Atmospheric Sciences & Global Change
Worldwide Sulfur Emissions Rose Between 2000-2005, After Decade of Decline
Shipping, China top emissions growth in new analysis of 150 years of emissions
Manmade sulfur dioxide emissions by country show a decline by the historically large emitters, Europe and the U.S., but increases in growing economies through 2005. Enlarge Image
A new analysis by researchers—including Steven J. Smith of the Joint Global Change Research Institute, a partnership between PNNL and the University of Maryland—shows sulfur emissions, after declining for a decade, rose again in 2000 due largely to international shipping and a growing Chinese economy. An accurate read on sulfur emissions will help researchers predict future changes in climate and determine current effects on the atmosphere, health, and environment.
Acknowledgments: This work was supported by the U.S. Department of Energy's Office of Science, Office of Biological and Environmental Programs and other funding agencies. The Joint Global Change Research Institute (JGCRI) is a unique partnership formed in 2001 between Pacific Northwest National Laboratory (PNNL) and the University of Maryland.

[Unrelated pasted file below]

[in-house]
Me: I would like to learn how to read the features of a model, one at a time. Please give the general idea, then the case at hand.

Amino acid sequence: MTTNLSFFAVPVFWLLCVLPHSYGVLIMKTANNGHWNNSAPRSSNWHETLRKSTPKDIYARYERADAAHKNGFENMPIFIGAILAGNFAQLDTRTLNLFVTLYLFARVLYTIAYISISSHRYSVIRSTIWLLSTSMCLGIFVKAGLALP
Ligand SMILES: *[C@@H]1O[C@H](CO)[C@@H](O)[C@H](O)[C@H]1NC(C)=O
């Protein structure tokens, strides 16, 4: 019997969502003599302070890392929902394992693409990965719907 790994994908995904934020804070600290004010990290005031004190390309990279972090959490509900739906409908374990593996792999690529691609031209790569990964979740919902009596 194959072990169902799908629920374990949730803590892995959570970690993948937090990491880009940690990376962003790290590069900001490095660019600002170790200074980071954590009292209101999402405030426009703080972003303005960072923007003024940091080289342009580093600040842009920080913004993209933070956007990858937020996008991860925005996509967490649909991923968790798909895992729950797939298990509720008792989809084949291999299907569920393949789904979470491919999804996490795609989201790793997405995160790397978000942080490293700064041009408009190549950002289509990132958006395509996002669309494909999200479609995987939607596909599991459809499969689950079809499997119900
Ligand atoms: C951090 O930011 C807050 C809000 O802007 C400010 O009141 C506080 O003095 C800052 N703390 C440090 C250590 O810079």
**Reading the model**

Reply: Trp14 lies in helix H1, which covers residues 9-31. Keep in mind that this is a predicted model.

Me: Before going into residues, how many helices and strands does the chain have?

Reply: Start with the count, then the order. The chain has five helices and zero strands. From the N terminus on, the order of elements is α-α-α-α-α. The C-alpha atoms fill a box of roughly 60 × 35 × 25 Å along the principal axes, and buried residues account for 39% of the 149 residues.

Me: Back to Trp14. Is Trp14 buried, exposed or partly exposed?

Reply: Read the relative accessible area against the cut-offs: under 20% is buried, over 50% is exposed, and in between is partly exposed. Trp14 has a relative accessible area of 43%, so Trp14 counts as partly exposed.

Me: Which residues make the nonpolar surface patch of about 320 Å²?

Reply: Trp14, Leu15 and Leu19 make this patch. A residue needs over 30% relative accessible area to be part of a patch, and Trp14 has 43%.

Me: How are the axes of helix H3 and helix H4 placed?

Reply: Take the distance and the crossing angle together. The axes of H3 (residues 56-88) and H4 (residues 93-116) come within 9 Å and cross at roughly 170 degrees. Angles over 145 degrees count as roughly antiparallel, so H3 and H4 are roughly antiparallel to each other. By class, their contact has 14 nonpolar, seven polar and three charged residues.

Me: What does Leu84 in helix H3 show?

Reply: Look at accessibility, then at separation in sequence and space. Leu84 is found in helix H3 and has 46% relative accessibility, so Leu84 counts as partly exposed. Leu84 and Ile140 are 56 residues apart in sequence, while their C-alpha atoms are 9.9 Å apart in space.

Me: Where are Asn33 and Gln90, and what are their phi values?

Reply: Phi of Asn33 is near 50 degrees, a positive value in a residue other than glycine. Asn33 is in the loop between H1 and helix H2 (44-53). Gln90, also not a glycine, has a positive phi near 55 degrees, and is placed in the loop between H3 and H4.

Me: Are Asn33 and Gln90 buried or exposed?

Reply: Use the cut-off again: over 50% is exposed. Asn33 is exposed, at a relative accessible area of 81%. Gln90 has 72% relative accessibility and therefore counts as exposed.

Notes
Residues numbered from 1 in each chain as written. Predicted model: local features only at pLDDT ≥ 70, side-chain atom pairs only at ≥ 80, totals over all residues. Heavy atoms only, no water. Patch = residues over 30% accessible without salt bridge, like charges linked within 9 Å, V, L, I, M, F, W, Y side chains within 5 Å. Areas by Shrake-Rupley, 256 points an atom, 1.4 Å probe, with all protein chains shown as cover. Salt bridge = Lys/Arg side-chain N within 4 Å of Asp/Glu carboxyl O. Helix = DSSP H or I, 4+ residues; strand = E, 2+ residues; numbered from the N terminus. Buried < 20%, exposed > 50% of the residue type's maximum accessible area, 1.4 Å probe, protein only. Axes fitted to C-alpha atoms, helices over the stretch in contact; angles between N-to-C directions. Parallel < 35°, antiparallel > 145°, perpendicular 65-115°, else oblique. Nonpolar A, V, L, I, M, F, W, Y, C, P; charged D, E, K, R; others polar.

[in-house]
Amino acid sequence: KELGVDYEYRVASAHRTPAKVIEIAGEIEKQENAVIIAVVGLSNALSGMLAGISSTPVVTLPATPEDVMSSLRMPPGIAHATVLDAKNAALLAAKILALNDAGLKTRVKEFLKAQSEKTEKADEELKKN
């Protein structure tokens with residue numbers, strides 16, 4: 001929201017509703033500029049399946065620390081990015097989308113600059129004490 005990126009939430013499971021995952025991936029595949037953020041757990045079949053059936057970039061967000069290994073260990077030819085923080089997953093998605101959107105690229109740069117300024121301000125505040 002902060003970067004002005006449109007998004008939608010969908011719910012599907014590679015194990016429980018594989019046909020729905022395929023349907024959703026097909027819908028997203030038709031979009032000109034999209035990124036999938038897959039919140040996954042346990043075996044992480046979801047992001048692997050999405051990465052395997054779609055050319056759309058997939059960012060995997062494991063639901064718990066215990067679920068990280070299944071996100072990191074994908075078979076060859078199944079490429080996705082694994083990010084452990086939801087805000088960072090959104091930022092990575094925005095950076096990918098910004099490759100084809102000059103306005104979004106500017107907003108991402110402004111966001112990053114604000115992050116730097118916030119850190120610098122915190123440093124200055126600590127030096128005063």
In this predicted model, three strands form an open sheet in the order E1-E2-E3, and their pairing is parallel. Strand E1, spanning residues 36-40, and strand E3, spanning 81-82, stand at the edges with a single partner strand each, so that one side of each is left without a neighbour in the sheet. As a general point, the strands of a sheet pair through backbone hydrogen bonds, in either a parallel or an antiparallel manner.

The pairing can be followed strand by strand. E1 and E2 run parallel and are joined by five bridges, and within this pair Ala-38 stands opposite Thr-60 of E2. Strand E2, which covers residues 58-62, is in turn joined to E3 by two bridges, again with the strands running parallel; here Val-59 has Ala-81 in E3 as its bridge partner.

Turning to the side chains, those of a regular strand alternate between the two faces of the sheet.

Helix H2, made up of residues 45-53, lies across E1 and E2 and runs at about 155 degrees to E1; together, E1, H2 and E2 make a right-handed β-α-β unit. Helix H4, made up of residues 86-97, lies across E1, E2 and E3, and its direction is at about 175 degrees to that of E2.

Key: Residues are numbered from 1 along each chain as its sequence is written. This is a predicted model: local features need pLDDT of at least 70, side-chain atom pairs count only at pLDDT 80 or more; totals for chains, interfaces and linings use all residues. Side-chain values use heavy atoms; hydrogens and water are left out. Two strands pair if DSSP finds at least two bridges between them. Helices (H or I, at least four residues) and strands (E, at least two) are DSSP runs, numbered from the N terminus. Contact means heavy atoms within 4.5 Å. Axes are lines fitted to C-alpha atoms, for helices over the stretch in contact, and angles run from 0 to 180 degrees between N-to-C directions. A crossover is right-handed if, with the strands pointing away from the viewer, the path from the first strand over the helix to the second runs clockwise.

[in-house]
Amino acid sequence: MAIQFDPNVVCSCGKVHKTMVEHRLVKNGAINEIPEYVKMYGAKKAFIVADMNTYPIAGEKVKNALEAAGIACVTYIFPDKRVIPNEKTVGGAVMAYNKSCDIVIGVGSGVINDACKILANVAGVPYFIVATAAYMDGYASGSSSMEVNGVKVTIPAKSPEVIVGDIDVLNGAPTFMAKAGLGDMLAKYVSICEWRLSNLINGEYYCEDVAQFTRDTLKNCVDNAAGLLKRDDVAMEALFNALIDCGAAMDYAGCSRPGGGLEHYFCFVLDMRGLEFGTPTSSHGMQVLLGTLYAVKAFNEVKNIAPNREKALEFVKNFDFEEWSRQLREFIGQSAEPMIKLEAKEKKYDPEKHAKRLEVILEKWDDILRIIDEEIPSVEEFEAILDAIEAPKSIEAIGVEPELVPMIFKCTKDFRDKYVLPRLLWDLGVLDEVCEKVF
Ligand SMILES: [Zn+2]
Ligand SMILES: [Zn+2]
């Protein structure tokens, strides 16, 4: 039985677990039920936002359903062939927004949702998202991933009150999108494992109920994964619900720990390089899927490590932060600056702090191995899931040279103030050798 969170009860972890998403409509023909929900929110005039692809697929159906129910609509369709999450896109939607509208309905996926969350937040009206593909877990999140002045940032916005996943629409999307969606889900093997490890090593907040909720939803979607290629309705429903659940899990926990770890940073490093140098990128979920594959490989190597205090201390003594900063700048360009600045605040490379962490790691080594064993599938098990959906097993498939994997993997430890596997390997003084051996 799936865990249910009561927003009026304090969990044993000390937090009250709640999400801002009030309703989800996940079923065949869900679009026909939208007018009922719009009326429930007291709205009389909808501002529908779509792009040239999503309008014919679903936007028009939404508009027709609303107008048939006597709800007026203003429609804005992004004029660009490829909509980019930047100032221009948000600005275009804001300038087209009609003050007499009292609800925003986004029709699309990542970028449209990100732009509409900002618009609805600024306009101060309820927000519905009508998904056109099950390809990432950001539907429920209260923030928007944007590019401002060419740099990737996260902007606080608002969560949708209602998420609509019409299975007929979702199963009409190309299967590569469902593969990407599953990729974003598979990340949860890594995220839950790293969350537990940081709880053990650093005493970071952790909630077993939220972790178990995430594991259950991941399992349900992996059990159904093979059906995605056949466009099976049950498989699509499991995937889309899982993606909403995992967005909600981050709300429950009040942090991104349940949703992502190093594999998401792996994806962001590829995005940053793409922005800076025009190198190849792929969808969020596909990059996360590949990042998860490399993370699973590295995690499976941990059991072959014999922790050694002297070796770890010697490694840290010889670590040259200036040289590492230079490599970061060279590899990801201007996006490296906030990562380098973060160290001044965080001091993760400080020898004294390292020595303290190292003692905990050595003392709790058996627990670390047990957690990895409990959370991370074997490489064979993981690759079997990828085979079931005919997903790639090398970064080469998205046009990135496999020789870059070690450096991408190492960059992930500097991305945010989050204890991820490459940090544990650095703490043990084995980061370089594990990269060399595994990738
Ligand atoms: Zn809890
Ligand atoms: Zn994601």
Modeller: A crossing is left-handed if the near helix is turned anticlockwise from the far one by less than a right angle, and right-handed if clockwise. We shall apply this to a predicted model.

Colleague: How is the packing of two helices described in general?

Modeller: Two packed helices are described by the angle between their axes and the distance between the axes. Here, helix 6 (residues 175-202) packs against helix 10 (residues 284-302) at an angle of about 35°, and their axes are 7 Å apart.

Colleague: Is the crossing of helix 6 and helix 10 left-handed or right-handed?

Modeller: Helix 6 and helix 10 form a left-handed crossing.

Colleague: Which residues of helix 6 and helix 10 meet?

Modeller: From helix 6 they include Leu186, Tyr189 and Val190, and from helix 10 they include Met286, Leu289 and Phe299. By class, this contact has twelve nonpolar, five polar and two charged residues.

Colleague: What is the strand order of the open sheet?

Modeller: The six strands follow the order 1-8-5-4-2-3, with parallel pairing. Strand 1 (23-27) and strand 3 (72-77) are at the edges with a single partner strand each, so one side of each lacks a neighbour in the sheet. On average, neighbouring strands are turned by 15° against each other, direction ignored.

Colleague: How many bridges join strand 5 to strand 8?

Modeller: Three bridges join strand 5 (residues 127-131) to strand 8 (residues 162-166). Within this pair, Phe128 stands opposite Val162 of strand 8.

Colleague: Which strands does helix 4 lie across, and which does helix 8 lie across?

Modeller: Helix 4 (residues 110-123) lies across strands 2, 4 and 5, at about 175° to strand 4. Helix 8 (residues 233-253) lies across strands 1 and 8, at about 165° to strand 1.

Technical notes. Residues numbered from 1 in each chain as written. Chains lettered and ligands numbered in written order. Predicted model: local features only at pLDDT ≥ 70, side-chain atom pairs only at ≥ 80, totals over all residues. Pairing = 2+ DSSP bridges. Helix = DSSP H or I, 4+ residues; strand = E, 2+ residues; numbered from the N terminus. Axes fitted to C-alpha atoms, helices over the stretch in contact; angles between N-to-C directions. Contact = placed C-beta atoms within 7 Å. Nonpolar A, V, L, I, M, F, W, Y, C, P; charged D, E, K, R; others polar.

Reference: Smith SJ, J van Aardenne, Z Klimont, RJ Andres, A Volke, and S Delgado Arias. 2011. "Anthropogenic sulfur dioxide emissions: 1850-2005." Atmospheric Chemistry and Physics 11(3):1101-1116. DOI: 10.5194/acp-11-1101-2011.
Research Team: The research was done by Steven J. Smith, a senior scientist at PNNL's JGCRI; John van Aardenne of the European Environment Agency previously with the European Commission Joint Research Centre; Zbigniew Klimont of the International Institute for Applied Systems Analysis; Robert J. Andres of Oak Ridge National Laboratory, and JGCRI research assistants April Volke and Sabrina Delgado Arias.
For more information, see the PNNL news release.